August 02, 2012
NAOMI Watts' portrayal of Princess Diana has won the ultimate endorsement, the late royal bestowing her approval upon the Aussie actor in a dream.
"This is a first, but I find myself dreaming about her," Watts told News Ltd on location outside of London.
"I felt like I was spending time with her. One particular time, I felt that permission was granted."
Watts' upcoming film, simply called Diana, focuses on the former Princess of Wales life after her divorce from Charles, in particular her romance with Dr Hasnat Khan (played by Lost star Naveen Andrews).
Watts, 43, was initially extremely hesitant to take on the role of "one of the most famous, if not the most famous, women of my time".
"An awful lot of pressure comes with that, so you want to get it right,"she said. "I was dreading people saying `she looks nothing like Diana', and `why her and not somebody else?'. But I couldnt not do it."
Watts' transformation into the peoples' princess has involved six weeks' training with a dialogue coach, repeated viewings of Diana's infamous interview with Martin Bashir, as well as four wigs and a prosthetic nose piece courtesy of the same make-up artist who years ago turned Meryl Streep into Lindy Chamberlain.
Watts also wears several Jacques Azagury dresses that belonged to Diana, while Versace custom-made a replica of the famous one-shouldered, blue silk dress that Diana wore to a benefit for Dr Victor Chang's Cardiac Research Institute in Sydney in 1996.
Watts said she felt Dianas presence especially keenly when wearing her original gowns.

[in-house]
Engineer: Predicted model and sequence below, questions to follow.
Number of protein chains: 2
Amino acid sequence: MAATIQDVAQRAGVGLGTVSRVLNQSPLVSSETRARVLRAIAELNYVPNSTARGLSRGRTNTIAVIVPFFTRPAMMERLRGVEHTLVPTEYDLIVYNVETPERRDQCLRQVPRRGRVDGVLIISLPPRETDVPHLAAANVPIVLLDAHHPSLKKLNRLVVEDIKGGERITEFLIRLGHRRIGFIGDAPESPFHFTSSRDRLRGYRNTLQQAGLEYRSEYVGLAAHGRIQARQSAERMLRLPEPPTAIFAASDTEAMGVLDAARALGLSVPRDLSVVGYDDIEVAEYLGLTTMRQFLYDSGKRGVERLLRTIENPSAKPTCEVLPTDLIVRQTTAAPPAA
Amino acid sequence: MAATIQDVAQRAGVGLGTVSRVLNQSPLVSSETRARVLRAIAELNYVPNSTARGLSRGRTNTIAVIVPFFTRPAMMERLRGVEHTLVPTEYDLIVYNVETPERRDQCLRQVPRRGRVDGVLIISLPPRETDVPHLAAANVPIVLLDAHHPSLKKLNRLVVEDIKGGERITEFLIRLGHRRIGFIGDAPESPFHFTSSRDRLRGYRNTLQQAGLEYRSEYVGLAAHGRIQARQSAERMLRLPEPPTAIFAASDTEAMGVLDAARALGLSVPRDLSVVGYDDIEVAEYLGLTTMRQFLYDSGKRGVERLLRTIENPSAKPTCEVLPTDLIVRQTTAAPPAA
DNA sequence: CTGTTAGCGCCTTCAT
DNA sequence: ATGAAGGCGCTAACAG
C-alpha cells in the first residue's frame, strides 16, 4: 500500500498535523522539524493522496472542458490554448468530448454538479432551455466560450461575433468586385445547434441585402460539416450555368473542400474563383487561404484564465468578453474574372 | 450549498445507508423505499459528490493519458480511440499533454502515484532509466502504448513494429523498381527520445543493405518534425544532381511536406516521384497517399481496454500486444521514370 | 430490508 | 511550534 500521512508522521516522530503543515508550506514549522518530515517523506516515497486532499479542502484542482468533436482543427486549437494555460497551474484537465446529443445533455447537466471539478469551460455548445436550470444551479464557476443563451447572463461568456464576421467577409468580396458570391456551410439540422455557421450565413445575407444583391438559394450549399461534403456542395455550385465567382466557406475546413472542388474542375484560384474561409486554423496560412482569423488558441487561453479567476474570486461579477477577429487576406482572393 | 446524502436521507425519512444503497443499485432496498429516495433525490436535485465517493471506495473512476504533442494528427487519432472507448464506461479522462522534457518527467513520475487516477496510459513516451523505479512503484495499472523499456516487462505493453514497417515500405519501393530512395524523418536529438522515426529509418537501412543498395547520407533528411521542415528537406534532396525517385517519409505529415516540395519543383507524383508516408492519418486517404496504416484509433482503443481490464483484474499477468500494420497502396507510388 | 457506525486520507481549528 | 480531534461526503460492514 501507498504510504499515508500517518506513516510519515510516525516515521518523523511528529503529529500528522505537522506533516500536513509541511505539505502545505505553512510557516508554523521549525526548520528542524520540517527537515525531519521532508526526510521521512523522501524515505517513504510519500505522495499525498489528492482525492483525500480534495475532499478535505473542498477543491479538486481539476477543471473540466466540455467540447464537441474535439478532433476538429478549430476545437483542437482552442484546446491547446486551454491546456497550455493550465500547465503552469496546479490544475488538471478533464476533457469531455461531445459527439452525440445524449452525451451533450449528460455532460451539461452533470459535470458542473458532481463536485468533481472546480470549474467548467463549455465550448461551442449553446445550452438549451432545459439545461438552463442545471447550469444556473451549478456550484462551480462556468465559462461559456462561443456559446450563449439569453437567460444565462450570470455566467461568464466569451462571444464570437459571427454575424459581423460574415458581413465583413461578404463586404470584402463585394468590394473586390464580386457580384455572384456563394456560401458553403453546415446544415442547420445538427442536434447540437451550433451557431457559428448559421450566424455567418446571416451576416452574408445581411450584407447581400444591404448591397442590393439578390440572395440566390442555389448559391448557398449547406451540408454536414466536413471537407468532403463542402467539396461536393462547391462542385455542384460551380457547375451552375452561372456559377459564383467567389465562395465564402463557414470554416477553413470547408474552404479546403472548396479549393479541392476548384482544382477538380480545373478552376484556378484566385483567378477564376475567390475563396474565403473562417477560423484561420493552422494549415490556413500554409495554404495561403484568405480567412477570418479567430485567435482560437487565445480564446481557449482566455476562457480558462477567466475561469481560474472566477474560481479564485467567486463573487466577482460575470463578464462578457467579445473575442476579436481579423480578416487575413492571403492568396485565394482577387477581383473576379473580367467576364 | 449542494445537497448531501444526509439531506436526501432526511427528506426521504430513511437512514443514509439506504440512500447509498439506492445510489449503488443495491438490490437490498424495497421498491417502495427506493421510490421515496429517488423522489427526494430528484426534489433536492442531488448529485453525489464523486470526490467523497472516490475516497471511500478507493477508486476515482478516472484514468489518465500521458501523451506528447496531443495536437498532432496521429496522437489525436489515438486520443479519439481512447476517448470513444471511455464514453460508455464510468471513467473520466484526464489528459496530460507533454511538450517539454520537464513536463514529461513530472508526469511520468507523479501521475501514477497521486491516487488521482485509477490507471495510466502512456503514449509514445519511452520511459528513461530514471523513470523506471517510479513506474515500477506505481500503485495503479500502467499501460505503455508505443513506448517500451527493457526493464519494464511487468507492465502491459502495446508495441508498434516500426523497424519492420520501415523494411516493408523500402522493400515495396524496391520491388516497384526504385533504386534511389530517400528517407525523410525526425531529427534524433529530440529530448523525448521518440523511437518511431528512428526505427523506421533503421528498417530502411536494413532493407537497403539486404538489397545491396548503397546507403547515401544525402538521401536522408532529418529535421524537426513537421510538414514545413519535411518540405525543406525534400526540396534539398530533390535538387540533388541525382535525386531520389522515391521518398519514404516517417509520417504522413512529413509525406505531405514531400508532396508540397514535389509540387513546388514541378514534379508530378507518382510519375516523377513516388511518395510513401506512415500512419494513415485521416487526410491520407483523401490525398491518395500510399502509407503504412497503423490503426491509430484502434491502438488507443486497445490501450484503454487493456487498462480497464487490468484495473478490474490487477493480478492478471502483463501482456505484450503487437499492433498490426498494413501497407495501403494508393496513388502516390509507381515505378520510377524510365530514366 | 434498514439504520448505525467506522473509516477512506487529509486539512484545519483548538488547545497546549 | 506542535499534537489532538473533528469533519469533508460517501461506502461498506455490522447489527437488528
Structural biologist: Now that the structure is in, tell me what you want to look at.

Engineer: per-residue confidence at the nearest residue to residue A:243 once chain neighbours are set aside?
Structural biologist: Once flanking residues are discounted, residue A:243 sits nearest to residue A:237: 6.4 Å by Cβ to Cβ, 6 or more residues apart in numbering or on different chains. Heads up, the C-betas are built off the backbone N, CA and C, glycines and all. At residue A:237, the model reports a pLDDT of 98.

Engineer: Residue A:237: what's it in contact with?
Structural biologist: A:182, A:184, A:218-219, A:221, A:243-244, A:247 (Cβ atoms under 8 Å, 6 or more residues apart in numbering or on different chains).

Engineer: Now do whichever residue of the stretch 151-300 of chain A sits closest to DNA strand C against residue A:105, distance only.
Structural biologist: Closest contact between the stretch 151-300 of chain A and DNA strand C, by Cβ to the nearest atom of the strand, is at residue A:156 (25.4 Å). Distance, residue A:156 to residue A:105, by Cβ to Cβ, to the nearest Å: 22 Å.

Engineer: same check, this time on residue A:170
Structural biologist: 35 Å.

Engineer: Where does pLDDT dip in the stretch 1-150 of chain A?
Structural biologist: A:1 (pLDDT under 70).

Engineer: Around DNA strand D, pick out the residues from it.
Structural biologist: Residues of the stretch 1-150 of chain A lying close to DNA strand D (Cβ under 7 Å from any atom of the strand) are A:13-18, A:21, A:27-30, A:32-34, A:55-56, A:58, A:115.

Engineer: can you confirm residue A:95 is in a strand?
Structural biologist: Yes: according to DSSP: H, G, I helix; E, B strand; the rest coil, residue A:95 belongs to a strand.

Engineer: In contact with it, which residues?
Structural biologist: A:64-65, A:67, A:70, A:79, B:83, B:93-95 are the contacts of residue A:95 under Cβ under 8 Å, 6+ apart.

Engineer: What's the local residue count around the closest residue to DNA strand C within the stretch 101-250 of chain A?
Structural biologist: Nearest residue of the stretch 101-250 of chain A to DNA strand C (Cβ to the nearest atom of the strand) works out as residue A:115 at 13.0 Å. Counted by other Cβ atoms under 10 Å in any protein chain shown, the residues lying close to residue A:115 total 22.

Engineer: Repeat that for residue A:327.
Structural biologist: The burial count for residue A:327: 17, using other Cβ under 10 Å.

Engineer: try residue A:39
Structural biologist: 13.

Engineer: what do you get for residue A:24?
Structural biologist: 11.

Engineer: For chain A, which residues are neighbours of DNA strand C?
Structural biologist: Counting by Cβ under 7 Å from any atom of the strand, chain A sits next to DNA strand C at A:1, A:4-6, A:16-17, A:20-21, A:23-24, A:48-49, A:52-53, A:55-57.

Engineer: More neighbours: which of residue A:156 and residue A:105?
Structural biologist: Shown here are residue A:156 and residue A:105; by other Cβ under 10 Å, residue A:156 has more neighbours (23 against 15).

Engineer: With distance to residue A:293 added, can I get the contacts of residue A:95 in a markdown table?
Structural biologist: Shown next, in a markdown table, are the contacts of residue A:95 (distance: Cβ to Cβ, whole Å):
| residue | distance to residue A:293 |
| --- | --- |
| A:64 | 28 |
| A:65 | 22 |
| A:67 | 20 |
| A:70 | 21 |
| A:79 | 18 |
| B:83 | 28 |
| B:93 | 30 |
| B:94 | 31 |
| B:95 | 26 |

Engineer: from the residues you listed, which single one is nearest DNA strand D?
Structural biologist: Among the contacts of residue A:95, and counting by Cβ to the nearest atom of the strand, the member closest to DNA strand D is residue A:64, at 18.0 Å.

"Theres one particular Azagury dress that was completely unaltered. I was surprised how short she wore it, quite risque! There's been a few eerie moments and that was one of them. There's been moments of a presence felt."
Director Oliver Hirschbiegel believes his leading lady has more than captured Diana's essence.
"Its scary. Sometimes it's as if you're watching the ghost of Diana," he said.
Diana's children with Prince Charles, William and Harry, do not play a big part in the film, but Watts admits to worrying about how the princes will react.
"Were not trying to destroy any memory. We're trying to show her in the best possible light as a human being, though, full of different layers. It's a story that should be told. A piece of history. But its tricky because they are here, the boys. I think about that a lot."
The royal family's approval of the production has been implied, however, with permission granted to film outside the gates of Kensington Palace and in Kensington Gardens.
Though Watts is widely considered an Australian, the team behind Diana seem pained to assert they have an Englishwoman playing this most iconic of English women, as though having a colonial in the role would be bad for business.
Watts diplomatically offered that her time spent out of the UK (she moved to Australia when she was 14) gives her a good perspective on the Diana story.
"I never wasn't English. I was born here, I still have a British passport, but I've lived in Australia and I have Australian blood in me. Maybe being a little removed is a good thing."
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